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J Cardiothorac Vasc Anesth. 2007 Dec;21(6):827-31. Epub 2007 Feb 7.

Role of magnesium sulfate in postoperative pain management for patients undergoing thoracotomy.

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1
Department of Anesthesiology and Intensive Care, Istanbul University, Istanbul, Turkey. pergin@istanbul.edu.tr <pergin@istanbul.edu.tr>

Abstract

OBJECTIVE:

The purpose of this study was to investigate the effect of magnesium sulfate on pain management for post-thoracotomy patients.

DESIGN:

A prospective, randomized, controlled clinical study.

SETTING:

University hospital.

PARTICIPANTS:

Twenty-four patients undergoing thoracotomy.

INTERVENTIONS:

After thoracotomy operations, patients were assigned to 2 groups. The control group received intravenous morphine (0.5 mg/h infusion, 0.3 mg patient-controlled anesthesia dose, 15-minute lockout time) via patient-controlled analgesia, and the magnesium group received magnesium sulfate (30-mg/kg bolus, 10 mg/kg/h infusion for 48 hours) plus the same patient-controlled analgesia protocol.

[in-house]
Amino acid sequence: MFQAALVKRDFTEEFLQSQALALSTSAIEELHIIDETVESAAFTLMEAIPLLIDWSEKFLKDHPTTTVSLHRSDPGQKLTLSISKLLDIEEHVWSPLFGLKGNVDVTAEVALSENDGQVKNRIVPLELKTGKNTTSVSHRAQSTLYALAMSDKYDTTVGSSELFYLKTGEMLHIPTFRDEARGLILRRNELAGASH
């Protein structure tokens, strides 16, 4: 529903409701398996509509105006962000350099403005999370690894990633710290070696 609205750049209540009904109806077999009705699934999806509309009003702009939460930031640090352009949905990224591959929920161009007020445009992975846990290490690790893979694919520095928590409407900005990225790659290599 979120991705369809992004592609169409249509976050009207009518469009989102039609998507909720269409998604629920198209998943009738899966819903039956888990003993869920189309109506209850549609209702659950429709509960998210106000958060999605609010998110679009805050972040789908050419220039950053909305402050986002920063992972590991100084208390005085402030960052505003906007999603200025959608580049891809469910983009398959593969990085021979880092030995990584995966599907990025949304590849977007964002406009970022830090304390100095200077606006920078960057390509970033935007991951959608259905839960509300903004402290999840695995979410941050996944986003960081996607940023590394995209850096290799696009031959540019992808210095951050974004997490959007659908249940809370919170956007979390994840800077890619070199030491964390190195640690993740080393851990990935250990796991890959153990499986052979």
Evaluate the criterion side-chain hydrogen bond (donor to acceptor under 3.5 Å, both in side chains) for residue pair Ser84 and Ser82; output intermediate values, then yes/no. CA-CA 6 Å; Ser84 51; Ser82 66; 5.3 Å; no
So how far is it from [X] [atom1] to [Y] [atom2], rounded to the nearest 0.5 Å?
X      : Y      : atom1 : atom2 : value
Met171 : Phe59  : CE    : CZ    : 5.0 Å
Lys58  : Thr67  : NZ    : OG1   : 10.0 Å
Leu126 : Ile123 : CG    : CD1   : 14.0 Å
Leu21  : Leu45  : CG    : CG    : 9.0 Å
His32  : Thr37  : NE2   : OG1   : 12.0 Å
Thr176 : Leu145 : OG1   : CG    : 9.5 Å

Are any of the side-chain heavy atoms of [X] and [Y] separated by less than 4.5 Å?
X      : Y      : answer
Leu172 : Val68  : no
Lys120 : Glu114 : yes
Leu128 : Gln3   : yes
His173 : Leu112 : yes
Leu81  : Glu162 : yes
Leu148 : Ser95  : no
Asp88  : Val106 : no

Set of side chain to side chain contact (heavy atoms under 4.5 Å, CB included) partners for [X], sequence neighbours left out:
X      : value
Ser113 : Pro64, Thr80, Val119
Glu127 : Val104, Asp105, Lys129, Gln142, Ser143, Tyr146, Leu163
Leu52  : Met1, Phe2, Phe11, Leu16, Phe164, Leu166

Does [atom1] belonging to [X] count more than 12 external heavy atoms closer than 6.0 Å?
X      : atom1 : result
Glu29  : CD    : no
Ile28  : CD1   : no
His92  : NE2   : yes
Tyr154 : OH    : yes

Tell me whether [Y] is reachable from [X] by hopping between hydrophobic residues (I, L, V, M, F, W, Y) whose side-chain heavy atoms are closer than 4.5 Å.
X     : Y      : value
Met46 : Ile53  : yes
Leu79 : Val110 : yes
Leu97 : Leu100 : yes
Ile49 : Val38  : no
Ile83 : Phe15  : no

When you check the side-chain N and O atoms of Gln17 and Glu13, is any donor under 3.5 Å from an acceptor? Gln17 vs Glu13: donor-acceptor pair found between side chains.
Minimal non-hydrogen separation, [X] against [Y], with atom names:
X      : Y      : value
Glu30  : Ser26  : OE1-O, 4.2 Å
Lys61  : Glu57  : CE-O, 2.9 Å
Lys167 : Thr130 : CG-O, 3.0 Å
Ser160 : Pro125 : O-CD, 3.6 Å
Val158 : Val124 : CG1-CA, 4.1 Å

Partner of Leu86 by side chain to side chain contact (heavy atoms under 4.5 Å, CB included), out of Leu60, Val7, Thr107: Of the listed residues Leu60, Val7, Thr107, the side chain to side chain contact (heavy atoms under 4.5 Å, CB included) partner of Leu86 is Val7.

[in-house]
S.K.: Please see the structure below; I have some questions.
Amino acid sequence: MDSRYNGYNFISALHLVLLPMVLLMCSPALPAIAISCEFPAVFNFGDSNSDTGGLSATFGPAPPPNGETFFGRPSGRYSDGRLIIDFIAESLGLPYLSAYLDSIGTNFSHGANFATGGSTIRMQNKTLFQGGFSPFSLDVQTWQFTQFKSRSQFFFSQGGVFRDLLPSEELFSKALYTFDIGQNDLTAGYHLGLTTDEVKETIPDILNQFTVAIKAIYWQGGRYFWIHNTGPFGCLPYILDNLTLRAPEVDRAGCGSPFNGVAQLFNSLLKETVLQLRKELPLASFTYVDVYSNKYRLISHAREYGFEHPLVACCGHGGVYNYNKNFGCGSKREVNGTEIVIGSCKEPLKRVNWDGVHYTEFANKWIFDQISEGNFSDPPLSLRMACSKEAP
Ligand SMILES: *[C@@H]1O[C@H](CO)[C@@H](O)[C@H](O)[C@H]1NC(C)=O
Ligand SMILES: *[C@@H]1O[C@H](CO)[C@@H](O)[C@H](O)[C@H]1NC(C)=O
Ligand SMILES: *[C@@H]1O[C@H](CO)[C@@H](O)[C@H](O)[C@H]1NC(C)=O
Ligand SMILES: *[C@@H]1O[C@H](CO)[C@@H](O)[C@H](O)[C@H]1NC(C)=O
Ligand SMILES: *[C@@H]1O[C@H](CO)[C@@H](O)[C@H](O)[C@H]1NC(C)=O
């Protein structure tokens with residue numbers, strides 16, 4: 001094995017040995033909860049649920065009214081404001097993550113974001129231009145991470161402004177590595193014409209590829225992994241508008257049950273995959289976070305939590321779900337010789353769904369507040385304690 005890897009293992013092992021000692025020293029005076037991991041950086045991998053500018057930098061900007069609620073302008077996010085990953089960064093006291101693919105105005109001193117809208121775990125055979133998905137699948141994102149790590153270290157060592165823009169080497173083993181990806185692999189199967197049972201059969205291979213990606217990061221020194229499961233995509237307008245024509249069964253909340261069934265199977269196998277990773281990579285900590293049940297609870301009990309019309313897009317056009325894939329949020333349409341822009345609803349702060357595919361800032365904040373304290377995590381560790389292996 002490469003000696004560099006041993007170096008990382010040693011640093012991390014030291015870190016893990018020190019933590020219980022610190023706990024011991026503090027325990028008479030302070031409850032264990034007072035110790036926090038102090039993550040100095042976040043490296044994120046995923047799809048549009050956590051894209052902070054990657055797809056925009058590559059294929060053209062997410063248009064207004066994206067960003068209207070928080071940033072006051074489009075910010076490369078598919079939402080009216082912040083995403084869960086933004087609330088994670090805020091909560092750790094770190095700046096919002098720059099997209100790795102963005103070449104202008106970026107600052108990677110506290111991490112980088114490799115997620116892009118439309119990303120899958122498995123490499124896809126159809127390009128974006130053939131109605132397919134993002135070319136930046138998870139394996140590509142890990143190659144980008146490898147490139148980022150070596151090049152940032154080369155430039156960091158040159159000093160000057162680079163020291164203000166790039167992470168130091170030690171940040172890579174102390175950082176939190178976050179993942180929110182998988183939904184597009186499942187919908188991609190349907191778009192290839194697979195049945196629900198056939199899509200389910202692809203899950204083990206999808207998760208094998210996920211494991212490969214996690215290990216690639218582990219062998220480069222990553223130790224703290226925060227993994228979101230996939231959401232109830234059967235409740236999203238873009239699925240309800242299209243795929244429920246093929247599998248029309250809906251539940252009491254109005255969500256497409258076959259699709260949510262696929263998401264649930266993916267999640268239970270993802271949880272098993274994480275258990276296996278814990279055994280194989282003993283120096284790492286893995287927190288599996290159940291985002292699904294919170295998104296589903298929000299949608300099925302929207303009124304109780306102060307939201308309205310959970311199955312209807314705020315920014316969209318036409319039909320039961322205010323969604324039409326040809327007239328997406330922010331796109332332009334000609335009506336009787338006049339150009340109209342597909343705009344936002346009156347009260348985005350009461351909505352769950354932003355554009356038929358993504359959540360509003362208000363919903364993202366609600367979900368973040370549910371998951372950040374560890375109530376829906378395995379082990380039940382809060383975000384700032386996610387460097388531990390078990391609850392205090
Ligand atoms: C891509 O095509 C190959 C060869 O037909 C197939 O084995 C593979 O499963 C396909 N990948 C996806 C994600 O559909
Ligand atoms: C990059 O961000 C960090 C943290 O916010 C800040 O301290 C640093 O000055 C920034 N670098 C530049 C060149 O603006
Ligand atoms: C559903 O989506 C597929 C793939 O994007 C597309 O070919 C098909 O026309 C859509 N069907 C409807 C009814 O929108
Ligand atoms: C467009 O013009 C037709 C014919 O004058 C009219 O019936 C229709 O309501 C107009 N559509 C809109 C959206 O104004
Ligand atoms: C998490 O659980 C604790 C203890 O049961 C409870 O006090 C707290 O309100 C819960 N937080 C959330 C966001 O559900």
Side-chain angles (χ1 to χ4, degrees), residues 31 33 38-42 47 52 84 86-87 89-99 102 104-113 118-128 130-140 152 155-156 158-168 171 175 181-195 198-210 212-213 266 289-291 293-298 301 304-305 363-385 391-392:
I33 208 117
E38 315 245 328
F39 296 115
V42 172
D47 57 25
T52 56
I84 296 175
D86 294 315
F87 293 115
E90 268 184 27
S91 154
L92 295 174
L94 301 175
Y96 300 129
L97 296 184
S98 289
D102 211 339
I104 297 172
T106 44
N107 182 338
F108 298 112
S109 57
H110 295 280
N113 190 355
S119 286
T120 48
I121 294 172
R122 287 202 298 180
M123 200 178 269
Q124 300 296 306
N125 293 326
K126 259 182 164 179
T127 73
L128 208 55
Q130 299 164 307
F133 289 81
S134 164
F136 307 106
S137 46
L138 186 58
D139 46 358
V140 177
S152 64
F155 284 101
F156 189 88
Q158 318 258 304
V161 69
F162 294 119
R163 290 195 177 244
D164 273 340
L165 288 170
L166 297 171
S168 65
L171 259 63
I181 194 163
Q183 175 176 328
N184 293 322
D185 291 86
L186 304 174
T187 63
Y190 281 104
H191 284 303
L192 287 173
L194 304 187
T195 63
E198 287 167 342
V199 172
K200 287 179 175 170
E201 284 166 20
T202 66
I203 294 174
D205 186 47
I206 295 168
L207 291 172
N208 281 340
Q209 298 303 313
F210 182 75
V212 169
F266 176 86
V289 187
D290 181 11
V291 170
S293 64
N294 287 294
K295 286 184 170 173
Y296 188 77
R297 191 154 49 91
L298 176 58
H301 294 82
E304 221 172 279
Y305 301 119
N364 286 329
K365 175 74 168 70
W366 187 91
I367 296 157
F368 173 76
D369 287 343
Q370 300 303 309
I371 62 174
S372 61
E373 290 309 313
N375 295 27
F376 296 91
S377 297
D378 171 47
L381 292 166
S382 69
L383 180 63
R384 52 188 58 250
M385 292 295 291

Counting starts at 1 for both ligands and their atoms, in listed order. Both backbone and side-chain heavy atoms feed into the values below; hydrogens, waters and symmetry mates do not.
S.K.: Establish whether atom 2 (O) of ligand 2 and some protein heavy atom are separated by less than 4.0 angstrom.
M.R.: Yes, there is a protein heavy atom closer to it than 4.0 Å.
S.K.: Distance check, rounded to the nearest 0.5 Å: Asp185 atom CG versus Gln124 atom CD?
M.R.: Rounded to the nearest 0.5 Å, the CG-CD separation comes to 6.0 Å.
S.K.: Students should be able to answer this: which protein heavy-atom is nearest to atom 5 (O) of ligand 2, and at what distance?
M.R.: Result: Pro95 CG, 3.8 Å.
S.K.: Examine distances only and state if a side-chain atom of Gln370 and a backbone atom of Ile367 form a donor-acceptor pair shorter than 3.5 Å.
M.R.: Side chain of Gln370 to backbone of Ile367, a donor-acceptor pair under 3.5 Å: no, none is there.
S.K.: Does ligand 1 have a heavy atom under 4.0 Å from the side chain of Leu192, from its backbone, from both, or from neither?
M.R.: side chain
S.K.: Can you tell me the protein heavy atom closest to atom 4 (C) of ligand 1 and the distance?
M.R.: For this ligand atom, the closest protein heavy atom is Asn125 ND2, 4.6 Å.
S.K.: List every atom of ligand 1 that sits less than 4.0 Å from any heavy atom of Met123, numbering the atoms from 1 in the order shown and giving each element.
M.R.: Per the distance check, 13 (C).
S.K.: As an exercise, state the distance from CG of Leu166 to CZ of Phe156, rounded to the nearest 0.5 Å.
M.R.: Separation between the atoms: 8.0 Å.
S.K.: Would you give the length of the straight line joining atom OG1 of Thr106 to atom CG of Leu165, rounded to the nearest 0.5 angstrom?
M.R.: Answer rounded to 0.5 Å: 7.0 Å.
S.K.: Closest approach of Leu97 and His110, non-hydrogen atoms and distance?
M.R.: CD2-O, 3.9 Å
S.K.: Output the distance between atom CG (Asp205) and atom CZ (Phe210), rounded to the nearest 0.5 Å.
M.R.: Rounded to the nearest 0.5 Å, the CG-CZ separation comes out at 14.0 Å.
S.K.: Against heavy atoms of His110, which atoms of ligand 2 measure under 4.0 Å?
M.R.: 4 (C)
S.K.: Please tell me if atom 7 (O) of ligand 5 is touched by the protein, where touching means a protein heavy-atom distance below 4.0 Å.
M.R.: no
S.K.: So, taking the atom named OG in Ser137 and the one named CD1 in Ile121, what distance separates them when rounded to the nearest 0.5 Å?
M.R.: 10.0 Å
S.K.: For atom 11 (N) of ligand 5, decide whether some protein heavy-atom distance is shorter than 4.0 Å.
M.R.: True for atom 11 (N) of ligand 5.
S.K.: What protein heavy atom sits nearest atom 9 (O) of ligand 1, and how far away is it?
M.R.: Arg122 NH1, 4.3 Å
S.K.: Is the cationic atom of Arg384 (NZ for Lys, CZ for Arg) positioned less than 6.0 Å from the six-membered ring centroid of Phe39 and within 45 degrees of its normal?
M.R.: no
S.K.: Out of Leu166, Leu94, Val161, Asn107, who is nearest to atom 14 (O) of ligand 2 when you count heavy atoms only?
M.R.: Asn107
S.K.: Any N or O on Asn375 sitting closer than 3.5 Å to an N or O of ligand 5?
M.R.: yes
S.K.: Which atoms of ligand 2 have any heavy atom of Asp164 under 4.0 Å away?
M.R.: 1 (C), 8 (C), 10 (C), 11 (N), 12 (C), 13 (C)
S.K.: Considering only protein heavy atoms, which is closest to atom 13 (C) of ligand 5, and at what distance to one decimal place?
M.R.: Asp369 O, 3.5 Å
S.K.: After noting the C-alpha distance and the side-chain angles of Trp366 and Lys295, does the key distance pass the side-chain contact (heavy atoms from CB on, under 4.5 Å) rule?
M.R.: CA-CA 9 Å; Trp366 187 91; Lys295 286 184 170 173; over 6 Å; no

MEASUREMENTS AND MAIN RESULTS:

Visual analog scale for pain score, sedation score, mean arterial pressure, heart rate, and valid and invalid analgesic demand were recorded. Serum magnesium levels were determined at postanesthesia care unit admission, at 24 hours, and at 48 hours. Side effects were also recorded. There were no significant differences between groups with respect to demographics, sedation score, and pain score. Cumulative mean morphine consumption was found to be higher in the control group compared with the magnesium group at 4, 8, and 48 hours (5.6 +/- 1 mg v 3.2 +/- 0.6 mg [p < 0.0001], 10.2 +/- 1.8 mg v 7.2 +/- 1.6 mg [p = 0.0003), and 40.2 +/- 4.5 mg v 34.8 +/- 6.3 mg [p = 0.02], respectively).

CONCLUSION:

Postoperative use of magnesium sulfate reduced opioid consumption for pain after thoracotomy operations.

PMID:
18068060
DOI:
10.1053/j.jvca.2006.11.013
[Indexed for MEDLINE]
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